In this lesson, students participate in a scenario-based lab activity designed to help them define qualities that result in reliable and meaningful scientific research.  By having students conduct an investigation  that gives highly variable results within and between lab teams, students learn the importance of making strong arguments in science as they use evidence and reasoning to support their claims.  They also communicate, collaborate, and skeptically evaluate each other’s claims. Other aspects of scientific practices that the lesson raises include the importance of repeated trials, replicable methods, and integrity and honesty in data collection.  After a class discussion of the checks and balances in place to ensure good science, teams repeat the lab activity with a protocol that they decide collaboratively. Lastly, students prepare to “submit their results for publication” and learn about the peer review process.  

  • Lesson Two "Stupidity" in Science: A Text-based Discussion PDF icon 2Stupidity_in_Science_SNoSR.pdf

    Students participate in a text-based discussion of the article “The importance of stupidity in scientific research” by Martin Schwartz. Using evidence found in the text, students consider how success is defined in scientific research and discuss how scientific pursuits may require persistence despite setbacks and a tolerance for not knowing much of the time. Students then relate their experiences of not knowing during the gummy bear lab from the previous lesson of to the nature of scientific research. This type of text-based discussion is a Socratic Seminar.

  • Lesson Three Science through the Centuries PDF icon 3Science_through_Centuries_SNoSR.pdf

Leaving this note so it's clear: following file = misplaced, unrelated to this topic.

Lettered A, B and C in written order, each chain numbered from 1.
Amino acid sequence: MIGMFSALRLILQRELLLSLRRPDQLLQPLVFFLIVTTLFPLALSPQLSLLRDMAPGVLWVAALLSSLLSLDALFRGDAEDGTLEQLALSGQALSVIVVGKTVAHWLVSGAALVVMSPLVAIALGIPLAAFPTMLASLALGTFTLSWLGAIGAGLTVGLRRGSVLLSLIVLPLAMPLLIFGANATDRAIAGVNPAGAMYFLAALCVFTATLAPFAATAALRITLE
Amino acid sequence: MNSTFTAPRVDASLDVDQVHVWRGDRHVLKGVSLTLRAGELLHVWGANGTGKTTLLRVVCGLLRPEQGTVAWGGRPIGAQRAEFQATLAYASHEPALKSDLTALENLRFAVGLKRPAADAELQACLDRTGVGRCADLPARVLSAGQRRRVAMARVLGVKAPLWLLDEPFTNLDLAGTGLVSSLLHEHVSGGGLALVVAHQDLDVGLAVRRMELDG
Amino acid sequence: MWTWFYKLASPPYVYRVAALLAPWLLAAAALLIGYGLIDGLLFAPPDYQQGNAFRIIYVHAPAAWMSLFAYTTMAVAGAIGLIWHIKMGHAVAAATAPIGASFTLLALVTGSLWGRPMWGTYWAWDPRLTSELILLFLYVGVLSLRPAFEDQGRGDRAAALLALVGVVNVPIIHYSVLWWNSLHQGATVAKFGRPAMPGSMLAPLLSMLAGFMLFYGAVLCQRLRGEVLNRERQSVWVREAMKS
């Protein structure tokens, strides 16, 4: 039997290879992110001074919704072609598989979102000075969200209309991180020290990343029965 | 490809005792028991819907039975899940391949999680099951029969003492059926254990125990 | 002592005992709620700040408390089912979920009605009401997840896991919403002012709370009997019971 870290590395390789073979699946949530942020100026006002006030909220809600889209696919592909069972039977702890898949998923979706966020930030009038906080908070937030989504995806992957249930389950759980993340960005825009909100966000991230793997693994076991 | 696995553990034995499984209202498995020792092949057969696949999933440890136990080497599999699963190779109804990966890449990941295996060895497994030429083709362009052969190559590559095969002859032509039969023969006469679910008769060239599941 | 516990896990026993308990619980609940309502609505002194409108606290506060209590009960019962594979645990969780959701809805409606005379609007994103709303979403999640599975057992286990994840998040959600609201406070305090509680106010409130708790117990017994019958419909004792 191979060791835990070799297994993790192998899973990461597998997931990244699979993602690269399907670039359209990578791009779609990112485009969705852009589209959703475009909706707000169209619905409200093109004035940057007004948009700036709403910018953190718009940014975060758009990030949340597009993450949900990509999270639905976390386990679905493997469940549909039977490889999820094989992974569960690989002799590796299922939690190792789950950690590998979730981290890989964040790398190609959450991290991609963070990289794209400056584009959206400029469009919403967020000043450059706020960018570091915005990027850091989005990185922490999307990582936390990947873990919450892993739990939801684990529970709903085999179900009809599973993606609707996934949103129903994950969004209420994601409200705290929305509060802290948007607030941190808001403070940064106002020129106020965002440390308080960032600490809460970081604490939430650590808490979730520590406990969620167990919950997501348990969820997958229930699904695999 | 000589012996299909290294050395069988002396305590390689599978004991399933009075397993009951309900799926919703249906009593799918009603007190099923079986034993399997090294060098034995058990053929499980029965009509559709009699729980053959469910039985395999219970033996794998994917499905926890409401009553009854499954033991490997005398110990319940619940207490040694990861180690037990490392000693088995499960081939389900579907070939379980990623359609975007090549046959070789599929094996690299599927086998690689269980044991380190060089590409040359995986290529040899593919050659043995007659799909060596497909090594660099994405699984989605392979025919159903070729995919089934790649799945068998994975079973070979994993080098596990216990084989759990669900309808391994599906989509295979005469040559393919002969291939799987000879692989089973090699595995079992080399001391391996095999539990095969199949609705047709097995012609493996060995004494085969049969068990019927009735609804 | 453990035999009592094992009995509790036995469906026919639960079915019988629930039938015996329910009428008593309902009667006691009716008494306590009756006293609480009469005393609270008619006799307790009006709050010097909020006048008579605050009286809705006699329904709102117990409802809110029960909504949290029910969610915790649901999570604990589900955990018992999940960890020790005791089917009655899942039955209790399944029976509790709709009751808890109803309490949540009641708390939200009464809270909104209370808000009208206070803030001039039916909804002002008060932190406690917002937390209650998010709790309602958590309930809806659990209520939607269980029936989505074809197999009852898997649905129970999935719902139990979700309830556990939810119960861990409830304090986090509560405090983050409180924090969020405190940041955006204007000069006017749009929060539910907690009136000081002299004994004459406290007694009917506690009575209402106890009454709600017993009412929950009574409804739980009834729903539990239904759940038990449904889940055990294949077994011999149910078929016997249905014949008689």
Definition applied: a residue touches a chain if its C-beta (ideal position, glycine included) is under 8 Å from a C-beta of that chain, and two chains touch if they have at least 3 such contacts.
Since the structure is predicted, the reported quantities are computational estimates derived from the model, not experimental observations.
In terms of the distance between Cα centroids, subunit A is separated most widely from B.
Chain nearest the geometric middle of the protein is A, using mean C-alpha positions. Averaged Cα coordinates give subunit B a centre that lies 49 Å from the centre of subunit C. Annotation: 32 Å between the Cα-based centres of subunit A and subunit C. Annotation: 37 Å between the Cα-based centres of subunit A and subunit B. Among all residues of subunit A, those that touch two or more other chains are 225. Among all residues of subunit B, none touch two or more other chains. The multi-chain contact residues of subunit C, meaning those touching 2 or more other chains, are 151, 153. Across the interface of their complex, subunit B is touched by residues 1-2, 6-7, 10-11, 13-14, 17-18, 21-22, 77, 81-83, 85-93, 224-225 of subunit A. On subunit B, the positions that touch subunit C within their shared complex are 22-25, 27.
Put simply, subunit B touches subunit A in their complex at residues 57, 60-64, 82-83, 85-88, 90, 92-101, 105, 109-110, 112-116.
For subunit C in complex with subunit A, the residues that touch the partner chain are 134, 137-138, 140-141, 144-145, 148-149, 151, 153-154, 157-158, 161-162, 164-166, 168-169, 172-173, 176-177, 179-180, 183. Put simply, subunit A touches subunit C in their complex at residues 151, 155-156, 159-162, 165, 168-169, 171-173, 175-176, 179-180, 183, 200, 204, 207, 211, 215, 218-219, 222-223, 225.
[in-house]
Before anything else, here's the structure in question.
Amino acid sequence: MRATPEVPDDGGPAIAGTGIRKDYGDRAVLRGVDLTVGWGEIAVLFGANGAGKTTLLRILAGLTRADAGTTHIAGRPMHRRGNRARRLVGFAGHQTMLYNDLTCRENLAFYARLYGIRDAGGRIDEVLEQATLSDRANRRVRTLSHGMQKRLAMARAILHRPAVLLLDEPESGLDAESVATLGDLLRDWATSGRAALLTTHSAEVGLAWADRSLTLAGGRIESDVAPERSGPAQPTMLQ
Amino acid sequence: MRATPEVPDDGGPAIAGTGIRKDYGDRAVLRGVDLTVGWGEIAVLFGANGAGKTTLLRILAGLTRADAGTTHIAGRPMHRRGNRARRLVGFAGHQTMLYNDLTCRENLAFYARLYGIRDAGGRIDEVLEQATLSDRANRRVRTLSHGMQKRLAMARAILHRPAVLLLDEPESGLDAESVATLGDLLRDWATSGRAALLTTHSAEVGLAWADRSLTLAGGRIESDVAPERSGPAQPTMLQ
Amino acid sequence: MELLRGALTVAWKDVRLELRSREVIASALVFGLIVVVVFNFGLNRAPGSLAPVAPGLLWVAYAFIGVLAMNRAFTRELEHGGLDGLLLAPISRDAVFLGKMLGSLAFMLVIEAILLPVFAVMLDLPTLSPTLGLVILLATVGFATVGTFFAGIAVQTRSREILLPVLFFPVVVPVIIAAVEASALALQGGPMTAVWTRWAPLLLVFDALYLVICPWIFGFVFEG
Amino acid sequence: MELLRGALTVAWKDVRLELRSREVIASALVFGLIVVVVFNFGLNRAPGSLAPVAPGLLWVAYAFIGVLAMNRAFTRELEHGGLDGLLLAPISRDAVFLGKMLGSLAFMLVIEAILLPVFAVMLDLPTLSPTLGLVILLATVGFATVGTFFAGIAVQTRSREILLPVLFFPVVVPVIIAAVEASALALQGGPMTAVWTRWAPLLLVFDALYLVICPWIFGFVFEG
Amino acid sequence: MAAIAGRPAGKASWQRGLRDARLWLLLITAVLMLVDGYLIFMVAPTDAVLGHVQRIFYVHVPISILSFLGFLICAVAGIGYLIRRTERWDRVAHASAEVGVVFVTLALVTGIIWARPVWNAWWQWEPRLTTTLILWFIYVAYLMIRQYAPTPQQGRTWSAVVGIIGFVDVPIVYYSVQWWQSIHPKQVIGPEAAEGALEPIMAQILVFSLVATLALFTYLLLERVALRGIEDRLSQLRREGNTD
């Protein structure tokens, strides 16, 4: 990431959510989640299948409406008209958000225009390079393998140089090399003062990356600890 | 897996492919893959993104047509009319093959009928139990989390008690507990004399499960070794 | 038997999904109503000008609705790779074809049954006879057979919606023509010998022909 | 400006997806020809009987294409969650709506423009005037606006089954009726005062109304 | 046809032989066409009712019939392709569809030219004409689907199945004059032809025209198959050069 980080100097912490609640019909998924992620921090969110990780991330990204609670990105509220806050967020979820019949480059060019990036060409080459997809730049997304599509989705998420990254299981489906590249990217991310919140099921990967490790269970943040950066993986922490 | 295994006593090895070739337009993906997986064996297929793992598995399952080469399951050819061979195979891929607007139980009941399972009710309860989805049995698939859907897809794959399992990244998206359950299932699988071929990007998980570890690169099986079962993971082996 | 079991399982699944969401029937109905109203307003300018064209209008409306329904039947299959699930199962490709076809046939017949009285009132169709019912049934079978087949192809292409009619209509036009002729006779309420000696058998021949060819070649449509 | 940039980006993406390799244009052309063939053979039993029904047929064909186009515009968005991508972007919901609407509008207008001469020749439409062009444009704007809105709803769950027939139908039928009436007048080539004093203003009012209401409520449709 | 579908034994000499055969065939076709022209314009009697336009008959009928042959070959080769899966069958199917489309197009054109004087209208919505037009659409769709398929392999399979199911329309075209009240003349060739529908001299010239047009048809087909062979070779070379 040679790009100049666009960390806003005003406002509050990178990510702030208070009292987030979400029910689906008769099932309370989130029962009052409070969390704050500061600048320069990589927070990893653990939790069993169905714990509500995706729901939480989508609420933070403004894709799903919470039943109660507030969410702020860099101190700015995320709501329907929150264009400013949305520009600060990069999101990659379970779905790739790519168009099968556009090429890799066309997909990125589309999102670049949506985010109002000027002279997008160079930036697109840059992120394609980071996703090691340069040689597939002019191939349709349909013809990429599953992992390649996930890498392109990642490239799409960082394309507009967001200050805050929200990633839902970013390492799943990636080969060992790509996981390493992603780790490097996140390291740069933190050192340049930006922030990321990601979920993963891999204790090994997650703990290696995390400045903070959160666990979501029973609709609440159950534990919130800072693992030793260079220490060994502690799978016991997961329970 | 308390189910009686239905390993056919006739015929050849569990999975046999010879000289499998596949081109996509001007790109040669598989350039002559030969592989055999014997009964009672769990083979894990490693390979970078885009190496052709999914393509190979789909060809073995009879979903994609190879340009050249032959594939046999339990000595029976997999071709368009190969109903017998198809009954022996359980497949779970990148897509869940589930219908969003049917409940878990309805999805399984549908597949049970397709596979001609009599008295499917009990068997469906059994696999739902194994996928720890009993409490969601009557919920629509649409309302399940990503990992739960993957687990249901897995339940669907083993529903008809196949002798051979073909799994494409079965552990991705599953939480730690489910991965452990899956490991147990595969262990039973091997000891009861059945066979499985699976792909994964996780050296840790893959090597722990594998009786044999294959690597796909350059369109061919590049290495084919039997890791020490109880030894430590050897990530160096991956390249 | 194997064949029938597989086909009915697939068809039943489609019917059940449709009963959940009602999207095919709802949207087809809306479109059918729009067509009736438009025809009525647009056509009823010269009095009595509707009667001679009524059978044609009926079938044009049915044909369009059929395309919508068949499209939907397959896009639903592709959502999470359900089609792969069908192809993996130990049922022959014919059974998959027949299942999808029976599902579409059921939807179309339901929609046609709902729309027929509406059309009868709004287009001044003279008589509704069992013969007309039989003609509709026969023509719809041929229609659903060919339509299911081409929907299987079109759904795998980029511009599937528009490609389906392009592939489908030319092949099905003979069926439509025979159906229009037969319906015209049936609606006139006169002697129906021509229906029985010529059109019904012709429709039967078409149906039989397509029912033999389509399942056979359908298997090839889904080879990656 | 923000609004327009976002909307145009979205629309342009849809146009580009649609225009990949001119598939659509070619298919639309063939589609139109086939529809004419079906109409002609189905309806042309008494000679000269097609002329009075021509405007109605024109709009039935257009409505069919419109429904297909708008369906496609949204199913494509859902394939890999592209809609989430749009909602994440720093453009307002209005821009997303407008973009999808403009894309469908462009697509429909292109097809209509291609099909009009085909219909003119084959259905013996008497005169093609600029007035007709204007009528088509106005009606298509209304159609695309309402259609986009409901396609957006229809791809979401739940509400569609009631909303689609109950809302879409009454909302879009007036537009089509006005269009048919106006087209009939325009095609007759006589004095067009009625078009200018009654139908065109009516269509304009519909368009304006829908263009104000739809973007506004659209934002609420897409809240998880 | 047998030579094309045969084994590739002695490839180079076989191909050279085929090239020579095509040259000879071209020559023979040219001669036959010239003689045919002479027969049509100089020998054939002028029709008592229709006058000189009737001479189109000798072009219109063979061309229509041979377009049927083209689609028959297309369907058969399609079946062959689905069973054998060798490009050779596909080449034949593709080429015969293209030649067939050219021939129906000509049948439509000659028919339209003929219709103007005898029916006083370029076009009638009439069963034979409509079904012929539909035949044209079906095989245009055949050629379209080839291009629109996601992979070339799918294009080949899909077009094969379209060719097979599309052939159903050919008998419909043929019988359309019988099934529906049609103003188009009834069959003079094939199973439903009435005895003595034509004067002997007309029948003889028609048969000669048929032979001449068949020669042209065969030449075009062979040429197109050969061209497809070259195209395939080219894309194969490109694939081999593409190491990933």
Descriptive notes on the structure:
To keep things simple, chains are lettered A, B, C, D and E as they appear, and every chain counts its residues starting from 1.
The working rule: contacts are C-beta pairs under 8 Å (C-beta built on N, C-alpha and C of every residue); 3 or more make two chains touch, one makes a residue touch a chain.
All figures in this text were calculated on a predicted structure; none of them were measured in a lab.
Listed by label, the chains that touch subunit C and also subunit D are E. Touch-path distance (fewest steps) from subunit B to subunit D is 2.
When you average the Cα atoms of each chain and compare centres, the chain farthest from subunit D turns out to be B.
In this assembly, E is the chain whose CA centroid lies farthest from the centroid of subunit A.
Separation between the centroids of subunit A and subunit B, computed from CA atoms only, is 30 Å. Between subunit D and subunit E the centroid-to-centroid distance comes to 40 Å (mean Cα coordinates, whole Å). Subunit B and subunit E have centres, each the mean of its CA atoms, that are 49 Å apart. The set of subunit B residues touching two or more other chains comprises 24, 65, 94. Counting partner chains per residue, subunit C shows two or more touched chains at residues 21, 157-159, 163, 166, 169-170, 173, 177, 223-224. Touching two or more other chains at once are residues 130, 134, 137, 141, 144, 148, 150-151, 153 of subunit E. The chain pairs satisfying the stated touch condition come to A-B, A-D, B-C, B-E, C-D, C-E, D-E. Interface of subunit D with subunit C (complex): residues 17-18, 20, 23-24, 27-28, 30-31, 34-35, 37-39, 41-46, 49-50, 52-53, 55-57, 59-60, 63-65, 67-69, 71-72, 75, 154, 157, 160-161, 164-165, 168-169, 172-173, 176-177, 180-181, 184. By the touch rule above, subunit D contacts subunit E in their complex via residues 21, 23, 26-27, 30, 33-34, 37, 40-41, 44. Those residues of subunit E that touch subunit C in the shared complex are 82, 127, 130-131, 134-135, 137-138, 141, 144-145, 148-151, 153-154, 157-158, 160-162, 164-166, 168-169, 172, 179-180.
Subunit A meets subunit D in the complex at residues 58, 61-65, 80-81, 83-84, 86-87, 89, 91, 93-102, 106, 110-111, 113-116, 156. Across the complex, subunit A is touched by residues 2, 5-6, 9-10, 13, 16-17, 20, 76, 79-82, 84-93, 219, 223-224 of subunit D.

Students participate in an historical activity demonstrating how current research builds on prior understanding, and how scientific priorities are influenced by the social and health concerns of the time. This is a “jigsaw” activity, in which students are first divided into four different time period groups (1700s, 1800s, 1900s, and 2000s) to discuss social concerns and medical technology of the time.  Each time period in seen through the eyes of four individual characters: a citizen, a medical practitioner, a person with Type 1 Diabetes, and a scientist. The students then regroup into character roles to compare themes over time. Lastly, students are introduced to translational research and see that, in many cases, basic research and the resulting application to human health are many decades apart.

    Download the CARD SET for this lesson.

    Download the PowerPoint slides that accompany this lesson.

  • Lesson Four The Process of Scientific Research PDF icon 4Process_Scientific_Research_SNoSR.pdf

    Students arrange sets of cards to show their understanding of the process of biomedical research.  Students see how basic research may lead to studies involving both animals and humans and may culminate in the availability of new treatments and medications. Students then apply their understanding of the overall progression of biomedical research to early chromosomal studies and the story of Gleevec, a drug approved by the Food and Drug Administration (FDA) in 2001 to treat chronic myelogenous leukemia. Lastly, students consider the ethical guidelines that inform scientists in every stage of research. This lesson includes instructions on how to arrange the cards using a foldable.